from The American Heritage® Dictionary of the English Language, 4th Edition
- transitive v. To appoint, decree, or ordain in advance; foreordain.
from Wiktionary, Creative Commons Attribution/Share-Alike License
- v. To determine the fate of something in advance
from the GNU version of the Collaborative International Dictionary of English
- transitive v. To ordain or appoint beforehand: to predetermine: to foreordain.
from The Century Dictionary and Cyclopedia
- To ordain or decree beforehand; predetermine.
from WordNet 3.0 Copyright 2006 by Princeton University. All rights reserved.
- v. foreordain or determine beforehand
Sorry, no etymologies found.
Specifically, did the fact that I played left wing in high school soccer -- and here my explicit egotism requires me to point out that I did not play with two left feet -- preordain my placement on the left wing of the political spectrum?
Of course, these parallels do not preordain a second Depression.
Nobody tried to preordain in my mind what place the death of animals should have in the consciousness.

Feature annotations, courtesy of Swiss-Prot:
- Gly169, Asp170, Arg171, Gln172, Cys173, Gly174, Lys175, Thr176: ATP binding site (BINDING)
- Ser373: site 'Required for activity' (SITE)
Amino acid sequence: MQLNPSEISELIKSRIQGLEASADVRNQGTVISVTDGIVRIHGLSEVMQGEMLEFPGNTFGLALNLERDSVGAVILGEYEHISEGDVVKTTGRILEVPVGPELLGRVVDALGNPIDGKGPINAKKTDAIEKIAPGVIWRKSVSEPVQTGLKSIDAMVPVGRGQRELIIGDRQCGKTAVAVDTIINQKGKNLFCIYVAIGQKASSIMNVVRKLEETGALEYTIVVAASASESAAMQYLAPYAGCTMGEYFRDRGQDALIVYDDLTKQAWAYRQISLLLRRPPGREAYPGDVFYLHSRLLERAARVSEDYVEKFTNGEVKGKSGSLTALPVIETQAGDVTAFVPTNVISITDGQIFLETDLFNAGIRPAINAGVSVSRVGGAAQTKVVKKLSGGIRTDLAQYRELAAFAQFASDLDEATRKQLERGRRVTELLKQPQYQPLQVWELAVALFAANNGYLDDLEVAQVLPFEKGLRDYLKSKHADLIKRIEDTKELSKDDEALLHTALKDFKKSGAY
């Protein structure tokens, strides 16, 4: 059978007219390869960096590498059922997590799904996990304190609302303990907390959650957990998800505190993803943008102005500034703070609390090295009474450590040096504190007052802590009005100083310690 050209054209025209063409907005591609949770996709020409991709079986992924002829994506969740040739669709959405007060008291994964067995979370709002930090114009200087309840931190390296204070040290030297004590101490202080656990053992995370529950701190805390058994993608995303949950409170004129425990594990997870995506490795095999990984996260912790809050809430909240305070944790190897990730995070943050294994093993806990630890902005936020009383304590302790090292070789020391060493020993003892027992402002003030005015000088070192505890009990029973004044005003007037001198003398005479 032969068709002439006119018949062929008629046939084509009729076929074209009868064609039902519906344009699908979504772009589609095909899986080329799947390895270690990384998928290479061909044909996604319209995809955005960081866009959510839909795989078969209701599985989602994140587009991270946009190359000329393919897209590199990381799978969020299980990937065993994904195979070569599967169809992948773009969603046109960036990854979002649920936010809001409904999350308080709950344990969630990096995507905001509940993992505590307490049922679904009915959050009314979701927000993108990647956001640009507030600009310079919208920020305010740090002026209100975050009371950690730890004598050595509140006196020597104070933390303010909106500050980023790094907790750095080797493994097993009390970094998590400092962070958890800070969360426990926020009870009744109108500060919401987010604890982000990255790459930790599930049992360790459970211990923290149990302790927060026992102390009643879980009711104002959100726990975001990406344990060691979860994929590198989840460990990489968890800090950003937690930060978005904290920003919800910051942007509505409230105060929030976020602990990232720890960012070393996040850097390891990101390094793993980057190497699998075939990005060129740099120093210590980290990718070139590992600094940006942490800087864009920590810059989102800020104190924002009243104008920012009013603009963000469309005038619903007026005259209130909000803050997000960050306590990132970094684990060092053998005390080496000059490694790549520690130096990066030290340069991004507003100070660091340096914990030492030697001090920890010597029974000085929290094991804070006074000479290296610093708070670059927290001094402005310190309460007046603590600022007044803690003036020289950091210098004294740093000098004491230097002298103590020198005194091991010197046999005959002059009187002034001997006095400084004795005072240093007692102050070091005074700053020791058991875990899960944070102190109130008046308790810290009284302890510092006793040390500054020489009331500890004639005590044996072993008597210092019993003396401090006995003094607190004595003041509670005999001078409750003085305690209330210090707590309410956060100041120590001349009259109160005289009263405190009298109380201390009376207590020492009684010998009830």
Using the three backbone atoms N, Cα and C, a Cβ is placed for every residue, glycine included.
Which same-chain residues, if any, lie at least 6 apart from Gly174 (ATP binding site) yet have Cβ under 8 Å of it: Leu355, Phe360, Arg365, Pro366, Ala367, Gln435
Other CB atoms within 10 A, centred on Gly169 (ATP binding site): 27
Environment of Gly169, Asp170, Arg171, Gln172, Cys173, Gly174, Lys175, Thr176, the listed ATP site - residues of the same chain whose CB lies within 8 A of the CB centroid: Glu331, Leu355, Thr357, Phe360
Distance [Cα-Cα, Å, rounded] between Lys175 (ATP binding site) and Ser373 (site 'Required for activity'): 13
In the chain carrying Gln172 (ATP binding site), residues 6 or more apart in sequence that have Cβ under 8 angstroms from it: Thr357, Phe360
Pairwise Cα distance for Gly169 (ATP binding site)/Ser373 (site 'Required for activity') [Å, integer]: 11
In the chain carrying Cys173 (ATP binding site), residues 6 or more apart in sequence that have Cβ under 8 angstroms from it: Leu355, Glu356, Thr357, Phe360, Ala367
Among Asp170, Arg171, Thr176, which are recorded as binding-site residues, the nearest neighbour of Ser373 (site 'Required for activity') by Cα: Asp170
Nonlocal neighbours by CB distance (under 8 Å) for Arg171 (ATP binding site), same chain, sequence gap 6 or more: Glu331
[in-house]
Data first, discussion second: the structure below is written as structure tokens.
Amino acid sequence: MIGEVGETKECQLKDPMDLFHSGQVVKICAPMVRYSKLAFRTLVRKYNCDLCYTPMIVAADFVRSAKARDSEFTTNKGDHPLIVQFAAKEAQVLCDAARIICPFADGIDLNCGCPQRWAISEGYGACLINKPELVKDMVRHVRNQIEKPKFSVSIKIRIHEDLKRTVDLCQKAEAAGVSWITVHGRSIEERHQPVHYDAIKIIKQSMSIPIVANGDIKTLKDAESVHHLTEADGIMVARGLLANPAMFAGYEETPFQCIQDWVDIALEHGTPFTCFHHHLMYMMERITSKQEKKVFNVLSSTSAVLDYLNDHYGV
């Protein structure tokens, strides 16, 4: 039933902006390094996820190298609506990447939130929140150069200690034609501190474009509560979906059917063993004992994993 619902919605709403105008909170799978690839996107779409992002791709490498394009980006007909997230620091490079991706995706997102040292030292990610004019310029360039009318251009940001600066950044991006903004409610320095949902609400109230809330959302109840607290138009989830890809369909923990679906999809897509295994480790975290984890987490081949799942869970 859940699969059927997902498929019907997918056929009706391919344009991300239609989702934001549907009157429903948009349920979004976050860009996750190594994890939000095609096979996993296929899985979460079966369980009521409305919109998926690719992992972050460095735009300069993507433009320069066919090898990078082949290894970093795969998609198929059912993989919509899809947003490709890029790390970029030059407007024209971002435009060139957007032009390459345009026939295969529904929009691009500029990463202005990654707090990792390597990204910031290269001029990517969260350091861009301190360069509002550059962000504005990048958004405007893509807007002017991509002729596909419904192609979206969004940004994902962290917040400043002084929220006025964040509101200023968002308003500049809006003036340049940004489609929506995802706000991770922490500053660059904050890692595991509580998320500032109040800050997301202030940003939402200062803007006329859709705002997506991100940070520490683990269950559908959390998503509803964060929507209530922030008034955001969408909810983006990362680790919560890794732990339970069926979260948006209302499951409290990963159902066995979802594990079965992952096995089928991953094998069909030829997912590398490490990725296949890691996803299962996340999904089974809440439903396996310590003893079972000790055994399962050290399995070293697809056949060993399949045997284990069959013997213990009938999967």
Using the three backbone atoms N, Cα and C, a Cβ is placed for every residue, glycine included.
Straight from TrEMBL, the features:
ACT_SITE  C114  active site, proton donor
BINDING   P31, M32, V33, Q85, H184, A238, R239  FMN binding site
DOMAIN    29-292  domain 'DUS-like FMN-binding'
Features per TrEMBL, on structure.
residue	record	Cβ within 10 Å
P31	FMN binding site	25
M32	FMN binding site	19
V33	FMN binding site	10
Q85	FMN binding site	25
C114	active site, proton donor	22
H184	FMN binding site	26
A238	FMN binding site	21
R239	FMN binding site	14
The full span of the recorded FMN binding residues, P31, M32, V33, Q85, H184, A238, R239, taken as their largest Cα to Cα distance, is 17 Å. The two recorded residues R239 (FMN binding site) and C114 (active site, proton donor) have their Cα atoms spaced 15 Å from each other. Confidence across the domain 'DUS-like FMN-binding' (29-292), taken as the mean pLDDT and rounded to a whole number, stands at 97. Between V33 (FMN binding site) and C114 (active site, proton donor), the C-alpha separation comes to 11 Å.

In other words, does where we're born preordain where our loyalties will fall?
Let's just say that depending on how you design a study you can practically preordain the outcome.
Indeed, many men without any history of criminal behavior now live literally under the gun—and I'm not even going to get going on domestic-violence restraining orders, whose legitimate purpose as originally conceived is now routinely abused to preordain custody decisions when no evidence of physical violence has been presented.
And sometimes when you preordain conclusions in law, you make it harder to unravel complex problems.
Again, no reason can be given why God should preordain any one number to salvation rather than any other.
It didn't control my life, it didn't preordain who I would become.
Likewise Japan's long-term post-bubble struggle with deflation does not preordain a similar fate for the US.